the menaced power should in its turn lay
opeu the Great Books, and carry the deIdea of a new Law for the civilized cisiou of war by the majority of signaWorld, recommended to the consider tures."
Now, those who recollect the election ation of France, Great Britain, and the
of Buoliaparte to the throne by ouis American States. London, Paris, and
and nons, cannot forget his famous Philadelphia. Svo. pp. 72. Price Ss. “ N. B, All those who do not vote, will Law & Co. London.
be reckoned for the affirmative.” What
followed ? Napoleon's satellites obtained We should not grudge three shillings, for hin a few thousands of votes, innor thirty shillings, nor ten times the cluding madmen and fools ; and on their sum, for the rudiments of a practicable election, he tyramized over thirty milscheme for suppressing war ; neither lions of people, and made war intershall we think the worse of that philan- minably. --So much for popular votings ! thropy which suggests such a purpose, though we must be allowed to have our
This is not the only hopeful idea ; the opinion on the purpose itself, connected author recommends a regulated emigrawith the means of its execution. This tion: the thought mighi deserve police writer's scheme is, as follows:
could the individuals be determined.
Annual Emigration of Paupers, who are Supposing that, some thirty years hence, absolutely thrown out of employment, or the Cabinet of Versailles were to decide who have no expectations in life, from want on a war with Great Britain; if she wishes of families, or friends, to Australasia, proto act in unison with the intelligence of the posed to commence A. D. 1830. times, she will act in this manner :
1400 As soon as the ministers have decided on
500 hostile measures, the Minister of the lete
Male and remale Adults 100) rior will cause to be opened several Great
6 Books. One set will be inscribed oui, the other, xox Two of these, that is, one of
2006 each description, will be sent to the Prefect of each Department, to be laid open having recourse to the expedient of peo
Some have doubled of the legitimacy of only at his rrsidence, for the reception of signatures. The individials, claiming right The questiou of right may, however, be
pling Justralasia with European colonists. of signature, or in other words, right of easily reso'red. All accounts agree in re, voting for War, or Peace, must be pos presenting it as a country very thinly and ressed of certain descriptions of property, miserably inhabited. The natives of this hereafter to be explained. The signatures, fue quarter of the globe, are perhaps the consisting of the names of individuals, most ilegraded of the human species; cotheir age, rank, aud the nature of their vering their bodies with rapeid fish oil, property, must be written in the presence devouring verniin, and mutilating their of the Prefect, or some other magisirate. Prefixed to each of the Great Burks, will persons. Now there cannot be a greater be a statement of the causes which induce act of charity exerted, than, through the the Cabinet to have recourse to arms,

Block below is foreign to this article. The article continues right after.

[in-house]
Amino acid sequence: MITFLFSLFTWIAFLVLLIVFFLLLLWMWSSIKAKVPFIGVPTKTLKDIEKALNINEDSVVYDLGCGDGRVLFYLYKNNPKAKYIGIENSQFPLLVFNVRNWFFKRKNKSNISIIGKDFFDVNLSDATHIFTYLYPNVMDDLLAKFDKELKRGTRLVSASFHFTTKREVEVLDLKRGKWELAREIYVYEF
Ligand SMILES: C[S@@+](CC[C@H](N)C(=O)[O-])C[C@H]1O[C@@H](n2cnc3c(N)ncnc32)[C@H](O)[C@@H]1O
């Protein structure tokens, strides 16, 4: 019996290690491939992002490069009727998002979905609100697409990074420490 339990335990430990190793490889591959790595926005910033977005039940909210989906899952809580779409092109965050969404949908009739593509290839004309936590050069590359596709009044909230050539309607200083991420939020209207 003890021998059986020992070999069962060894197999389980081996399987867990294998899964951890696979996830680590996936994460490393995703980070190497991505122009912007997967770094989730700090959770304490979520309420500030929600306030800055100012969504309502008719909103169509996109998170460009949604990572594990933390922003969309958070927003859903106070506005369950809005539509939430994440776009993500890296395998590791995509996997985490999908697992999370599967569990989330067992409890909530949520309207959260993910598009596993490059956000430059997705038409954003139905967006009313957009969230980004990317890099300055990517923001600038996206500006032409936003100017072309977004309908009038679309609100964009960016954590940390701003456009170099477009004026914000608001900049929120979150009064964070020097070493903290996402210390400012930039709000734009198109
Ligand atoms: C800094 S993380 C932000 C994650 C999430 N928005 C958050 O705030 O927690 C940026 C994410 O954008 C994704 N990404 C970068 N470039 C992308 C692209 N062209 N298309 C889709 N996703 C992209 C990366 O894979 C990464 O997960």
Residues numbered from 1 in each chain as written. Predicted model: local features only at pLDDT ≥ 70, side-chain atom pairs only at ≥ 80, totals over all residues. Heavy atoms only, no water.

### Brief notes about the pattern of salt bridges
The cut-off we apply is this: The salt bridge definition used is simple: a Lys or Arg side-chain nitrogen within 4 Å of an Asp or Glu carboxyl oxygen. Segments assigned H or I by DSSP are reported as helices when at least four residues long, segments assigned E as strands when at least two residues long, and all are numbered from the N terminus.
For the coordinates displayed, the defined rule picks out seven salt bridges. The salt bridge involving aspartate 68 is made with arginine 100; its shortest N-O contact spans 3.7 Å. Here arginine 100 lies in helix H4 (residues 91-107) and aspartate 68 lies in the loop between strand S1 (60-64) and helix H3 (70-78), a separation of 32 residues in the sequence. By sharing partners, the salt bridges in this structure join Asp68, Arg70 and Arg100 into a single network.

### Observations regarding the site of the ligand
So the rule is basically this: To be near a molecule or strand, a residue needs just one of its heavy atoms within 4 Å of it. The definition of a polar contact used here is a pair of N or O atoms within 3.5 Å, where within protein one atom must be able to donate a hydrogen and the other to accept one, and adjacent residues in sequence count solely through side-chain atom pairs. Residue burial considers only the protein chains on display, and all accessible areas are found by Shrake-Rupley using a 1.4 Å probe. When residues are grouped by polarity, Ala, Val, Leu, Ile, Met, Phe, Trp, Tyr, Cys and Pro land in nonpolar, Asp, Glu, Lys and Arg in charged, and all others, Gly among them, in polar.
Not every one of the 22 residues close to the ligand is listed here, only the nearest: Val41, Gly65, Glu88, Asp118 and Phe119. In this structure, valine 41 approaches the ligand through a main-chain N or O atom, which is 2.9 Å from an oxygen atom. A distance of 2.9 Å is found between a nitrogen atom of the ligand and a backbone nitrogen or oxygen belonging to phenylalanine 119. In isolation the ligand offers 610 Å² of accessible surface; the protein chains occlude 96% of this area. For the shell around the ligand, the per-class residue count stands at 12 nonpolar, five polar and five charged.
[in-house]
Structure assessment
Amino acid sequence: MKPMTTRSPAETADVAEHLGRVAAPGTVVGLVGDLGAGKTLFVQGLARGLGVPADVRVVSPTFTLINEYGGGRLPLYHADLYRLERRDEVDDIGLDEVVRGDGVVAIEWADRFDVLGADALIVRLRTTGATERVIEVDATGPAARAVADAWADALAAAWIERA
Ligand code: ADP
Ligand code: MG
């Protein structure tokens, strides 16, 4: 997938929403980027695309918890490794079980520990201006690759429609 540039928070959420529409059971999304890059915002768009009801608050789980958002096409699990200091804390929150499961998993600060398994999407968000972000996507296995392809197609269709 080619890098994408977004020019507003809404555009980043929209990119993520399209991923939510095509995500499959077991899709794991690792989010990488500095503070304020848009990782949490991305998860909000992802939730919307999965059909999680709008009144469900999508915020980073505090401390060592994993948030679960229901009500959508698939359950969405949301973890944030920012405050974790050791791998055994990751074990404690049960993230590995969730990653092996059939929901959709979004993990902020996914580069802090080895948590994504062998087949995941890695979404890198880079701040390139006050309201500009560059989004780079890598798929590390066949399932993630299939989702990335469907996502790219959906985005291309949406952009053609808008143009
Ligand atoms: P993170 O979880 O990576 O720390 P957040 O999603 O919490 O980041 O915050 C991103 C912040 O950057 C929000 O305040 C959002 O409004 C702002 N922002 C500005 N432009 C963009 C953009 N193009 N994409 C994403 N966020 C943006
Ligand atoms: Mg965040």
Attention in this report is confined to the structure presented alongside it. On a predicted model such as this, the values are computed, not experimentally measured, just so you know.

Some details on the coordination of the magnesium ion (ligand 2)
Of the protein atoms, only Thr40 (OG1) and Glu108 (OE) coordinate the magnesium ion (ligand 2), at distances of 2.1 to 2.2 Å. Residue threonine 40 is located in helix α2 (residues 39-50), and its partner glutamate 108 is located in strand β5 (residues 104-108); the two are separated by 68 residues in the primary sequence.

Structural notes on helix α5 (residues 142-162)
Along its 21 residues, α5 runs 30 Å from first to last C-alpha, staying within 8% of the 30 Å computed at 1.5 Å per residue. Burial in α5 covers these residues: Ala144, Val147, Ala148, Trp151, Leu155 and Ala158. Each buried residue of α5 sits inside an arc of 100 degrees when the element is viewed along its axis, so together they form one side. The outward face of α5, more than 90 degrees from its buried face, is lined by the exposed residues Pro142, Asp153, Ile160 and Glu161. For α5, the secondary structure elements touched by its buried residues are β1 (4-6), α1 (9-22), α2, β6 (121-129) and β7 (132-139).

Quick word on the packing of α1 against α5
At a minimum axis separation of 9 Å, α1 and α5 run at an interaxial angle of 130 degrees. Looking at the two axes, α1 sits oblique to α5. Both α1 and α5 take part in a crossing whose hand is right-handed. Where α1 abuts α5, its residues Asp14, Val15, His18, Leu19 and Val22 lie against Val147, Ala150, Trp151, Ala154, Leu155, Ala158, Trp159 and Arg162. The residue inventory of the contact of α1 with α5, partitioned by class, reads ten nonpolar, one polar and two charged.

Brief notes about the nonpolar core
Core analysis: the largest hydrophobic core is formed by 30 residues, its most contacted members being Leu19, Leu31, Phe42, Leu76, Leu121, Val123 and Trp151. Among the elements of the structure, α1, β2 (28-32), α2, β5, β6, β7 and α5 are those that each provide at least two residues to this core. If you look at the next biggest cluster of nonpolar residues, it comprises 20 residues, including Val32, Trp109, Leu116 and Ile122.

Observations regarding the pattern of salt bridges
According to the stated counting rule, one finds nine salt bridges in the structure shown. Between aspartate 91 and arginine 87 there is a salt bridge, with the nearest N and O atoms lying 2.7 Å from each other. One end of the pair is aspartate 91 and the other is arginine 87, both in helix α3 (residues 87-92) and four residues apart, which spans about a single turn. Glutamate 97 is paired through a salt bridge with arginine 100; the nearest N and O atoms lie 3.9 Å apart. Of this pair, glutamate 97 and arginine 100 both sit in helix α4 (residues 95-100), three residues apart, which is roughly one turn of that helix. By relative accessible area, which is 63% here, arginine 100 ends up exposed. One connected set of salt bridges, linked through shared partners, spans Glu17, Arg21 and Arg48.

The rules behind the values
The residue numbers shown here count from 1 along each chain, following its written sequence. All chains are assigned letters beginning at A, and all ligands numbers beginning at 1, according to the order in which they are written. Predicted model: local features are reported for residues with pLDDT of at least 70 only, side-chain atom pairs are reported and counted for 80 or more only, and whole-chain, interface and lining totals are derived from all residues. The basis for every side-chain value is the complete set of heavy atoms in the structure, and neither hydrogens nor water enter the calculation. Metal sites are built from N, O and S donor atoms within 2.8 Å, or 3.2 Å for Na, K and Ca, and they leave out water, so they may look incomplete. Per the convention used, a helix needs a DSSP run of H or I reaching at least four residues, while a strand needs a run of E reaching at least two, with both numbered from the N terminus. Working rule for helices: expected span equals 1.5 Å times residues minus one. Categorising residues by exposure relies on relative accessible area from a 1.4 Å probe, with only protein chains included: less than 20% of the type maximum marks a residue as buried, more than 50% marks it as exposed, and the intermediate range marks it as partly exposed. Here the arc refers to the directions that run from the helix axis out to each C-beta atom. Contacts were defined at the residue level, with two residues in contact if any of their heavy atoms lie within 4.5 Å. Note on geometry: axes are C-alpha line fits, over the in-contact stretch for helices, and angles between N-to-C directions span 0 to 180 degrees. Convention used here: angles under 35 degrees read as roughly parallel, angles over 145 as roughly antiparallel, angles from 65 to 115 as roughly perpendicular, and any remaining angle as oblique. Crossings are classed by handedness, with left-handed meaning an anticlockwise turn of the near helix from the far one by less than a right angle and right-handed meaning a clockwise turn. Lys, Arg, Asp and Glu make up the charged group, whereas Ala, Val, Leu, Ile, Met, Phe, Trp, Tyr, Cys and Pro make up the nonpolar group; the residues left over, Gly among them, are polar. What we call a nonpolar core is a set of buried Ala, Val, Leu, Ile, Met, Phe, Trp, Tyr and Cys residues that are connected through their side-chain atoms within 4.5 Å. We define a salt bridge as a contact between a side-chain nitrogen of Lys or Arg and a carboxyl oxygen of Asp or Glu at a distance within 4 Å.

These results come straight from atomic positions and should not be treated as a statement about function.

medium of colonies, to meliorate their cousigned by the members of tlie Cabivet who dition. Let the colonists who go thither have decided on wer. The Books must all doubt as to the lawfulness of propagat
but treat them with common humanity, and be closed at the expiration of three weeks
ing European civilization among them, and transmitted, sealed by the Pretert
must vanish in every reasonable mind. himself, to the President of the Legislative Chamber. The President, iu the prescace
1000 of the Deputies, orders them to be opened,
300 and the signatures counted. If the QUIS
Male wd Female Adults 60 predominate, a Manifesto, declaratire of
4 hostilities, is immediately issued by the Minister of the War Department, and the
1864 usual orders are transmitted to the subor. dinate Offices of State. If the nons pre Cargoes, consisting of agricultural and dominate, the Ministers are displaced by working implements of all kinds, medithe Sovereign, and a new Cabinet is cines, seeds, cloths, and raw materials, to formed ; and no war takes place, upless I be furnished by either Government.
FOR GREAT BRITAIN.